How to Calibrate Your Screen in Windows 11 or 10

Screen calibration is an important part of enhancing visual experiences on digital screens. It entails altering several parameters to achieve proper color representation, contrast, and brightness. Proper calibration is required for operations such as graphic creation, photo editing, and multimedia viewing. We will go through How to Calibrate Your Screen in Windows 11 or 10 in this article.

Importance of Screen Calibration

  • Color Accuracy:

For jobs like graphic design and photo editing, calibration makes sure that the colors seen on the screen correspond to the required colors.

  • Uniformity Throughout Devices:

Screen calibration ensures that color representation is consistent and that the content displayed on your display complies with industry standards.

  • Ideal Brightness and Contrast:

By adjusting brightness and contrast levels, calibration improves visibility and detail in both bright and dark regions of the screen.

  • Work in the Profession:

It is crucial for professionals in industries like design, photography, and video editing to accurately depict color. Precision in visual work is guaranteed through calibration.

An overview of the process of calibration

Adjusting settings for color balance, gamma, brightness, contrast, hue, saturation, and other factors is commonly referred to as screen calibration. A calibration wizard or software that offers detailed instructions is frequently used to facilitate the process. The appropriate visual output can be achieved by adjusting these variables. The calibration profile is saved once modifications are performed, guaranteeing constant visual quality over time.

There’s an app integrated into Windows 10 and 11 that can make this process easier. While it may not provide identical outcomes as expert calibration instruments, it ought to be a step up from the factory defaults.

Step 1: Access the Control Panel by opening the “Calibrate display color” tab. Finding “Calibrate” in the Start menu and choosing “Calibrate display color” from the list of results is the simplest way to accomplish this. If not, you will need to go through Settings, select System > Display > Advanced display, click “Display adapter properties for [Your Display],” then select Color Management > Color Management > Advanced, and then select “Calibrate display.” In our experience, finding the right page is a lot faster.

Step 2: Click “Next” after repositioning the window to the proper display. In single-monitor setups, this won’t be a problem, but if you have multiple displays, you’ll need to drag the window to the desired display for calibration before you can start the procedure. You can click “Next” once the window shows up on the relevant display.

Step 3: Either click “Next” or adhere to the on-screen directions. Windows will kindly inform you that you can use a menu button to adjust the display settings on the majority of monitors. Click “Next” if you are unable to change those options to your preference.

Step 4: Click “Next” after following the on-screen instructions

Step 5: Modify the gamma settings. You should be able to adjust the gamma by dragging a slider on the left side of the window up or down. (Alternatively, you can immediately return it to the original value by clicking the “Reset” button.) Click the “Next” button as soon as you think you have everything adjusted correctly.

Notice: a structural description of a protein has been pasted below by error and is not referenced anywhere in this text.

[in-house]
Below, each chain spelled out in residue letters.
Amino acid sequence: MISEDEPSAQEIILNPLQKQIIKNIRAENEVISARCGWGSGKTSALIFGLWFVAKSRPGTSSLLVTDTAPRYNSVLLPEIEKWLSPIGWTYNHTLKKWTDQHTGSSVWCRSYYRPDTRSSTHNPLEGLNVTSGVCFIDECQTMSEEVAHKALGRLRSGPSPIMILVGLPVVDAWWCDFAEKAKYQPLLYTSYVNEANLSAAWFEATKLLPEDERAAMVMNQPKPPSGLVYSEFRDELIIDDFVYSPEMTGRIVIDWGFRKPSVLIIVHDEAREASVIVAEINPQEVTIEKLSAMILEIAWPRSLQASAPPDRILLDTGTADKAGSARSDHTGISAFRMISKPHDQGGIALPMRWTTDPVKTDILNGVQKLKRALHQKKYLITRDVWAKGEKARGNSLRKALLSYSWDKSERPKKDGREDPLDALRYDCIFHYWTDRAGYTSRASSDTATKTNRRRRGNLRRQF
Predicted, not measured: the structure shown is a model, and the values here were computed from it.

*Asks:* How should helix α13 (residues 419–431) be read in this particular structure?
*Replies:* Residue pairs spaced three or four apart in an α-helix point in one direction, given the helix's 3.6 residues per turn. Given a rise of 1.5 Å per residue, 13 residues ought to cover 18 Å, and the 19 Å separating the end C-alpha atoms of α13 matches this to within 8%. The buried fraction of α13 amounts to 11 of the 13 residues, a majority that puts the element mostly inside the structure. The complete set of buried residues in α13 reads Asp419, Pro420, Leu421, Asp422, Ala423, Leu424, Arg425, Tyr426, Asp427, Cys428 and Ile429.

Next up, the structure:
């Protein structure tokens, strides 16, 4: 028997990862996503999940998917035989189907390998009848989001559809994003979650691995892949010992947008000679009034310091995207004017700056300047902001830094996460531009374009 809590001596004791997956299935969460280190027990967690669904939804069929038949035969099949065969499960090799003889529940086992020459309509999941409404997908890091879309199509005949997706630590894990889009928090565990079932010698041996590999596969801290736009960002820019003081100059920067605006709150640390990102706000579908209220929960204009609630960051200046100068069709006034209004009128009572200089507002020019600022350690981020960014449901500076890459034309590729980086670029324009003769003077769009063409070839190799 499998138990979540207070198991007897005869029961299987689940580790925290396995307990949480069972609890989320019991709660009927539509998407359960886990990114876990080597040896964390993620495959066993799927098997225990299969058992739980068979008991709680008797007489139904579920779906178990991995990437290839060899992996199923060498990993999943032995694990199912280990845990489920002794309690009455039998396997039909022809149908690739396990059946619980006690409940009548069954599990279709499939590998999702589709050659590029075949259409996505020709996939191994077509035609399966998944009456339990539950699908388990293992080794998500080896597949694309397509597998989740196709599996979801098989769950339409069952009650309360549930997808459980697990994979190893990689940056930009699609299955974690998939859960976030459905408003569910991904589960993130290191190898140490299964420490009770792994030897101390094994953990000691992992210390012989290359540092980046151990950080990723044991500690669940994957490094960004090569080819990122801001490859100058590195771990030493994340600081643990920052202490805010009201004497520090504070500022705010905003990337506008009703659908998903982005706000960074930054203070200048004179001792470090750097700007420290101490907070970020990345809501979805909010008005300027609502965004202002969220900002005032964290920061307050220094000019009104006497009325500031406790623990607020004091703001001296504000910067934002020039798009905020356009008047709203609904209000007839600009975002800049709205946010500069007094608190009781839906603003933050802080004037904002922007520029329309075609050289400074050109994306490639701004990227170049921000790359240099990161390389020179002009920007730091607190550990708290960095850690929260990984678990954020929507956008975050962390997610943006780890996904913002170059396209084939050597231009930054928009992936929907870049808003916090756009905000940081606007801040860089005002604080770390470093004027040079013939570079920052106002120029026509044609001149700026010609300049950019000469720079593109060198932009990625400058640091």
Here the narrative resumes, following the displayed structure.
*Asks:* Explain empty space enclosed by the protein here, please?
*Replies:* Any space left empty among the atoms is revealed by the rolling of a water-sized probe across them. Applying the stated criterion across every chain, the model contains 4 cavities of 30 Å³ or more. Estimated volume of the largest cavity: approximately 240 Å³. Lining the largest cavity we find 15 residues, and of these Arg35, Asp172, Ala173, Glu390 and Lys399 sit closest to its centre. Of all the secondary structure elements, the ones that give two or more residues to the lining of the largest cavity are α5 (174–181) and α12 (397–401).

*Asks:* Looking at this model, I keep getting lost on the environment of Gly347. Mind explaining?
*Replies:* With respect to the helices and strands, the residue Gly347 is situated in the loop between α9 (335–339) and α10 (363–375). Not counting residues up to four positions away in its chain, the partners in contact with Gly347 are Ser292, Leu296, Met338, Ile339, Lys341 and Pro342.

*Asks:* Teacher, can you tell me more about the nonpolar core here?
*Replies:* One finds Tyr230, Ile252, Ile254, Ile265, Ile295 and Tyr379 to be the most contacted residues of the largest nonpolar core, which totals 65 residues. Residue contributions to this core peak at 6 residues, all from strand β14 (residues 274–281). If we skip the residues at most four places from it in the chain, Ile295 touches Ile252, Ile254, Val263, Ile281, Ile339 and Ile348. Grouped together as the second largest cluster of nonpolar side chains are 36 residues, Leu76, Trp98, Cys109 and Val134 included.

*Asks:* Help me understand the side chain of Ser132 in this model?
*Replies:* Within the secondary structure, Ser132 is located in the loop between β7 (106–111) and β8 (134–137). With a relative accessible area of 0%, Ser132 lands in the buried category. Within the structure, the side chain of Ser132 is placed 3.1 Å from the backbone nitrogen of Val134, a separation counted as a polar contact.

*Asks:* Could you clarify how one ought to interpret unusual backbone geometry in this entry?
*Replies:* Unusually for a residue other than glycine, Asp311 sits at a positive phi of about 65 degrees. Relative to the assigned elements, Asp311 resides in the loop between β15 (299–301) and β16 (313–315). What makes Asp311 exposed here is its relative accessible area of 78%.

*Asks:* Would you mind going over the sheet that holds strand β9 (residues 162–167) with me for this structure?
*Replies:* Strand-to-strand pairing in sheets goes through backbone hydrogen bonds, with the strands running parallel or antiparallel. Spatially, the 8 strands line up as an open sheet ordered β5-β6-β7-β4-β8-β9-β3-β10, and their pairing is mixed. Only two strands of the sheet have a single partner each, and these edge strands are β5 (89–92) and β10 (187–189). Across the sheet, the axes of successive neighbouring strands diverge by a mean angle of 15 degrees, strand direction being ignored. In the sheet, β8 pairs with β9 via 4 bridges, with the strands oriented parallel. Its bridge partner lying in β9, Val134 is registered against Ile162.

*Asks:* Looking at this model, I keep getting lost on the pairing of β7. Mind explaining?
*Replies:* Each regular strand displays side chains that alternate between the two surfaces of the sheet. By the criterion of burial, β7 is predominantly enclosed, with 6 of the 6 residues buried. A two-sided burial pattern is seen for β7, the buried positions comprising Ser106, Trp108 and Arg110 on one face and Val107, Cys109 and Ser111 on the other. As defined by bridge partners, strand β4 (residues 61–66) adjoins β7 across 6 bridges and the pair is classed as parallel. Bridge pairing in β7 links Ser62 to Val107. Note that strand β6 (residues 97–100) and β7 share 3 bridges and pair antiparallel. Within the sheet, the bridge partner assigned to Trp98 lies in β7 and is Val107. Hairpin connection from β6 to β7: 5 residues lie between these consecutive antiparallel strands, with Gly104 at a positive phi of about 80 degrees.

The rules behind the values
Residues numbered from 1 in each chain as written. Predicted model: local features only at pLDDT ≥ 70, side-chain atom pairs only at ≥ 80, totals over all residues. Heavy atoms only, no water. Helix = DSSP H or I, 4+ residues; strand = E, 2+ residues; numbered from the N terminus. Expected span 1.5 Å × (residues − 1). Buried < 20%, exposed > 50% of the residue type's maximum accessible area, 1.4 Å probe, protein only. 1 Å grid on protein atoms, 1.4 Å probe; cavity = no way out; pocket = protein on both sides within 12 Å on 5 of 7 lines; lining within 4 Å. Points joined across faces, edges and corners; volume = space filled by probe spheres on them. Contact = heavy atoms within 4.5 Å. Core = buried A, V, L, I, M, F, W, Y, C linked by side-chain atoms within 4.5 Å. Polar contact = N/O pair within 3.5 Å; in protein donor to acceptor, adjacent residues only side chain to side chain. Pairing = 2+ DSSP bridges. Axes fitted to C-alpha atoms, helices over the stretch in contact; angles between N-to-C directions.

Step 6: Choose whether to change the contrast and brightness. If your display has such settings, Windows will offer to let you change the brightness and contrast. You can select “Skip brightness and contrast adjustment” if they aren’t. If not, use the “Next” button to carry out the calibration once more.

Step 7: Click “Next” when you have finished following the on-screen instructions.

Step 8: Change the monitor’s brightness settings. When you’re finished, click “Next.”

Step 9: On your display, adjust the contrast settings. Once again, Windows doesn’t provide any on-screen options for this; instead, you’ll need to explicitly alter the monitor’s settings based on how the reference image appears. When you’re finished, click “Next.”

Step 10: Sliders should be adjusted as needed. This time, Windows will provide you with three sliders to drag to change the gray bars’ red, green, and blue hues. Keep in mind that the bars should be gray; any hue indicates that the color balance is off. When you’re finished, click “Next.”

Step 11: Check your previous and current configurations. There are now two buttons that Display Color Calibration will show you: “Previous calibration” and “Current calibration.” To ensure that the modifications you made are what you want, click either one. Pressing the “Finish” button initiates the updated calibration, while the “Cancel” button reverts to the previous configuration.

You now have a calibrated screen! Because Windows 10 or 11 is limited in its capabilities, the brightness and contrast sections are optional. However, minor adjustments to the gamma and color balance settings can still have an impact. You now have the decision to make: Continue to the ClearType Tuner, which modifies the text display or set aside all of these display settings to focus on something other than display management tools on your newly calibrated monitor.


Setting up screen calibration in Windows 10 or 11 is essential to getting precise and reliable visuals on your computer screen. To guarantee color accuracy, uniformity among devices, and ideal contrast and brightness, calibration is crucial. Screen calibration greatly benefits professionals in graphic design, photography, and video editing.
Some settings are changed throughout the calibration process to fine-tune brightness, gamma, color balance, and other aspects. Users can construct a calibration profile to sustain precise visuals over time by utilizing specialized software or by following an assisted calibration procedure.